By On the occasion of our 20th anniversary
By Gustavo Arellano
By R. Scott Moxley
By Alfonso Delgado
By Courtney Hamilton
By Joel Beers
By Peter Maguire
By Charles Lam
As Kim McAmis stands outside the Fullerton home she shares with her husband, Chris, their 4-year-old daughter, Skyla, giggles and runs in circles. It’s a small, one-story home with a detached garage and a large driveway that slopes down to a tree-lined suburban street. Save for the occasional passing car or walking neighbor, the area is quiet. An iron gate in front of the home opens to a tiny entryway adjacent to the front door. A carved wooden sign on the outer wall reads, “The McAmis’s.”
Just four days earlier, Placentia police entered that home, arrested Chris McAmis and took several items, including computer and GPS equipment, as evidence. Kim says police may also have taken a bracelet, as well as her daughter’s ankle bracelet.
Before that day, Kim, a 35-year-old medical assistant who came from Cambodia as a child, says she had little idea police had been investigating her husband for the February 2001 attempted rape and murder of 20-year-old Fullerton College student Lynsie Ekelund.
According to Placentia police, on Feb. 16, 2001, McAmis drove some friends to San Diego. In 2009, I wrote an article for Fullerton College’s Torch magazine about Ekelund’s disappearance. McAmis told me then that he picked Ekelund up at a house in Placentia—where she lived with her mother, Nancy—and, along with others, went to visit Lara Bollinger, a University of San Diego student. He explained they visited Bollinger for a while and “talked about stuff and life and stuff like that,” then returned to Orange County, where he dropped everyone off. Except Ekelund. He said he left her on a street corner two houses down from where she lived. It was sometime after midnight. From there, Ekelund seemingly vanished into thin air.
The ensuing investigation by Placentia police yielded inconclusive results, and the case went cold. Though there were no formal suspects, Detective James McElhinney told me in 2009, the case was treated as a no-body homicide. But, according to published news reports, Placentia police approached an investigative unit with the Orange County district attorney’s office in 2008 for assistance with the case. Two years later, on Oct. 27, detectives arrested McAmis and confronted him with new evidence including ATM footage that contradicted his original account.
Following his arrest, authorities say, McAmis, now 31, confessed to taking Ekelund—who was partially paralyzed on her left side as the result of a childhood car accident—to his Whittier apartment, where he attempted to rape her. In the ensuing struggle, McAmis reportedly strangled her; he then buried her corpse in a wooded Santa Clarita canyon construction site where he once worked with his father. Last week, with McAmis’ assistance, the Los Angeles County Department of Coroner located bones and clothing believed to be Ekelund’s there. A bracelet found with the body was reportedly identified as Lynsie’s by Nancy Ekelund.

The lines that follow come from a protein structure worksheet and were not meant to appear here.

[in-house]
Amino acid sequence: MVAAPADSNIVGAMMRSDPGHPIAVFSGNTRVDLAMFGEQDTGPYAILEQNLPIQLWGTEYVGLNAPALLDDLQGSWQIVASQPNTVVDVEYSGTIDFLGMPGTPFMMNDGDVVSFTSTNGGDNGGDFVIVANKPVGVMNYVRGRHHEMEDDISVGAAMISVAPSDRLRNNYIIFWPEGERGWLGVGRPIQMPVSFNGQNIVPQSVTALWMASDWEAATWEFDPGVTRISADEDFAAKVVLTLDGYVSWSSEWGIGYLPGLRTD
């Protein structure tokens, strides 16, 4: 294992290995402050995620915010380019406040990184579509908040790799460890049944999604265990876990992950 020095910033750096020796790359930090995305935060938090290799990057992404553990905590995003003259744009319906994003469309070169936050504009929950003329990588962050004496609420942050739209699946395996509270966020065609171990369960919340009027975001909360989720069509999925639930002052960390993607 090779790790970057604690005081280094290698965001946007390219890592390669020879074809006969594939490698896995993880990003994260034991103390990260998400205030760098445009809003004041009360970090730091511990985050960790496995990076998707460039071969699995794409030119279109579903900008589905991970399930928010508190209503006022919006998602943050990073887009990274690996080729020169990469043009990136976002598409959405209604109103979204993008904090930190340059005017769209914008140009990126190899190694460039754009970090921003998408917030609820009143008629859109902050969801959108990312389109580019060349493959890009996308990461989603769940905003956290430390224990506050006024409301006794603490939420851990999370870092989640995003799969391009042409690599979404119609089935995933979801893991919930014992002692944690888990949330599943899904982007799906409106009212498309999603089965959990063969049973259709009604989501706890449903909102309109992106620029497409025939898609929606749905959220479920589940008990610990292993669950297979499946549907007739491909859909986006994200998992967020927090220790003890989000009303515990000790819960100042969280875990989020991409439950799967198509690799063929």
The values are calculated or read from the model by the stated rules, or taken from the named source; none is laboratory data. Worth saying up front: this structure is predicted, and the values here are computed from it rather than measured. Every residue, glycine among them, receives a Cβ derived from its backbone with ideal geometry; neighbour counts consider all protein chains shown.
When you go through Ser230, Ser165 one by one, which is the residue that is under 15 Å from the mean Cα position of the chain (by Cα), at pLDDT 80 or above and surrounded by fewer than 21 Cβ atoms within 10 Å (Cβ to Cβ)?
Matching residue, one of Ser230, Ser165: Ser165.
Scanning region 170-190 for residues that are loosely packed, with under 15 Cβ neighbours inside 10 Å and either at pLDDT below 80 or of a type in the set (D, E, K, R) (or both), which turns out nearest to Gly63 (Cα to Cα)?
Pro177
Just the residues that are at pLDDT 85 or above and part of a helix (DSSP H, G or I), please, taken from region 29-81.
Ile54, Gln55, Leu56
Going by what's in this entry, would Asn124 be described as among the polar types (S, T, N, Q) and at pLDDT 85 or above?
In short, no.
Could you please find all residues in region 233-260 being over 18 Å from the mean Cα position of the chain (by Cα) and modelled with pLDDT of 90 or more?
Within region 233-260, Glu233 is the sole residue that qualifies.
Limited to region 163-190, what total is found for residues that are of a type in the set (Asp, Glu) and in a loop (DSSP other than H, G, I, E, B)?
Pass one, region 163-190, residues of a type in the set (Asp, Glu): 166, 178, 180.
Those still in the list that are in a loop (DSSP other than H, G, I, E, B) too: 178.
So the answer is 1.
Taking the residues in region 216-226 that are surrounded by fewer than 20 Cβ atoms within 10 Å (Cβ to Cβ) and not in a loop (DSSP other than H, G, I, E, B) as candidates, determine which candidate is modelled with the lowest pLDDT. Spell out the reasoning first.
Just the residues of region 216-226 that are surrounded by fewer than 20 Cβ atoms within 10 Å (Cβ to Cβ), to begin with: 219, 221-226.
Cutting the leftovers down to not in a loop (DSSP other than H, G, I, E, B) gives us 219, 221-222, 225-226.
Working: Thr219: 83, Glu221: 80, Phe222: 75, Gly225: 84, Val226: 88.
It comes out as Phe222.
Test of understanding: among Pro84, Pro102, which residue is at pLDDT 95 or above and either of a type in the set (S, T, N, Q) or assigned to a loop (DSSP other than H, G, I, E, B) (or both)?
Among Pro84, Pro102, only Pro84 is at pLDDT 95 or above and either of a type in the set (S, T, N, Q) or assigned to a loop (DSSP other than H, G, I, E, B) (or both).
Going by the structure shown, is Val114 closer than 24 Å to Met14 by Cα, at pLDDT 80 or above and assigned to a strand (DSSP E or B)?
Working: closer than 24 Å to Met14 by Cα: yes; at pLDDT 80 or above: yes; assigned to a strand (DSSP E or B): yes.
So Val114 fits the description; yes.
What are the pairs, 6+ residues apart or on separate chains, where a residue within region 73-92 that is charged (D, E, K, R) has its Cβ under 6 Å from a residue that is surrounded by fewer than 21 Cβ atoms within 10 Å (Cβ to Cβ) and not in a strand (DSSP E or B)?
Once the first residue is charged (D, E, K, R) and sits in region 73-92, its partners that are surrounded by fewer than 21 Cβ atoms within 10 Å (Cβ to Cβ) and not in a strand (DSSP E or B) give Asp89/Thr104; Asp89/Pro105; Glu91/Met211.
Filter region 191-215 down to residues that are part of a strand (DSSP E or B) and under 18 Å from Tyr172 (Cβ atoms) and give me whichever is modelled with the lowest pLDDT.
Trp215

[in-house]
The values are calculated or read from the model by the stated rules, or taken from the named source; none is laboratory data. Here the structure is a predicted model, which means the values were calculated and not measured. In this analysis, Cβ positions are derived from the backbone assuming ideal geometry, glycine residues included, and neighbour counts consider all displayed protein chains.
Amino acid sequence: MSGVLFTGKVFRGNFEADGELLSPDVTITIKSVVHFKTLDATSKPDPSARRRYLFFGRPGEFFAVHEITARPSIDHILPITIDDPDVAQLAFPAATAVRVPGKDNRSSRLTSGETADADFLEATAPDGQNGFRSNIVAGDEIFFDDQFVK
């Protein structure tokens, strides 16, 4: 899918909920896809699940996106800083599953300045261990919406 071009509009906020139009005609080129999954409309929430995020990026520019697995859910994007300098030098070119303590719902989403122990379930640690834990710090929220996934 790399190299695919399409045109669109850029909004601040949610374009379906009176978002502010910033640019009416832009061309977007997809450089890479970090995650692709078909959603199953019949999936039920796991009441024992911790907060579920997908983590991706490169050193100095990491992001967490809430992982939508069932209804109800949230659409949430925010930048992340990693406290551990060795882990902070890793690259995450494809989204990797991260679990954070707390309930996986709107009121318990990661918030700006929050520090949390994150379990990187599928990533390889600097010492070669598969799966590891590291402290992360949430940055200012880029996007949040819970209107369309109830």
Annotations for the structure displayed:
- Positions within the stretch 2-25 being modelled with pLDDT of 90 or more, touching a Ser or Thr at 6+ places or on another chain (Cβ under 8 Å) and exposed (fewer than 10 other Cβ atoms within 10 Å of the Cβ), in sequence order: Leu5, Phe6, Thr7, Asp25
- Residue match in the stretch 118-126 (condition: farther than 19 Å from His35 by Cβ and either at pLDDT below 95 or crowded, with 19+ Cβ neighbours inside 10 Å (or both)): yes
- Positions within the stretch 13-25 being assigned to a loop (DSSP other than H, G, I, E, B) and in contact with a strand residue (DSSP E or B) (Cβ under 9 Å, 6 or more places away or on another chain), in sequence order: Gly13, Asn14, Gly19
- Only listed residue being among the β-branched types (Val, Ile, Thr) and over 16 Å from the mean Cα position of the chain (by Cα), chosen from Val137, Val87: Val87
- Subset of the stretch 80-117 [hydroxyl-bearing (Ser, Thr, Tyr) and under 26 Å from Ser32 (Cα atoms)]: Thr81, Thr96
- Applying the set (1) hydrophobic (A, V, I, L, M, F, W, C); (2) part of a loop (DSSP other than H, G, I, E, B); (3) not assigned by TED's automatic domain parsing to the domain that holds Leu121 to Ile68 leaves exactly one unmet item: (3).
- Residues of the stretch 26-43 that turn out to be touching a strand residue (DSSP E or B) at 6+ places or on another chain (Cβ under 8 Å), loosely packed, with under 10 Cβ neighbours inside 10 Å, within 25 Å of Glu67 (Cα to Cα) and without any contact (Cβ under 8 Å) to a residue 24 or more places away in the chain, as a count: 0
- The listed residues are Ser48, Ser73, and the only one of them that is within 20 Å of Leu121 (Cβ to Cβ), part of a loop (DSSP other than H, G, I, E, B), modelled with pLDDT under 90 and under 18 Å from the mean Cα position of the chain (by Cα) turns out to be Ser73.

For my 2009 article, I contacted Bollinger, at the time a lieutenant working as a public-affairs officer for the Navy in Washington, D.C. She said she remembered the group visiting her, but that they all spent the night and drove around her campus the next day and that the group didn’t head home until that evening. Bollinger is now stationed in Japan, where I contacted her via e-mail. “I unfortunately have no further information for you to add to our conversation back in ’09,” she wrote. “As for my recollection of events, I must have been thinking of a different occasion when a group of friends came to visit me.”
Among those who went on the trip was Andrea Meyers, who now lives in Tennessee with her husband. When I contacted her in 2009 via Facebook, she responded via e-mail: “Chris apparently failed a couple of lie-detector tests when questioned about the case. I had two detectives come to my house, and they told me to basically stay away from Chris and to stop contact with him. I was stubborn and stayed friends with him for a few months after that, and then decided not to be friends with him anymore.”
Following his recent arrest, Meyers wrote, “I am angry, and I feel sheer hatred for Chris that he did this horrible crime against her, and he deserves to sit and waste away in prison.”
During an interview with me in 2009, McAmis said he was employed in the construction industry operating heavy machinery. He also ran a video-gaming website called Gameweblinks.com; another site, erubusonyx.com, features biographical information about McAmis, as well as links to a company called Exeni Paving and Grading Inc. The page lists the phone numbers of Richard and Maria McAmis; attempts to reach them at these numbers were unsuccessful, and messages weren’t returned. The site advertises equipment rentals and grading and demo services. There are images of backhoes, skid steers and skip loaders, along with hourly rental rates.
For almost a decade, Nancy Ekelund has vacillated between despair and the hope her daughter was alive and had simply decided to leave town. She says she knew people who swore they saw Lynsie in a local supermarket.
Now that McAmis has confessed to her daughter’s murder, Nancy’s outlook has changed. “I know what happened to my daughter,” she says. “For nine years, nine months and 13 days [before authorities came to her house with the news], I had hope. . . . But I just know that everything in my life has changed. I’ve lost my best friend, I’ve lost my daughter, and I need to get over it, but I don’t know how to do it right now.”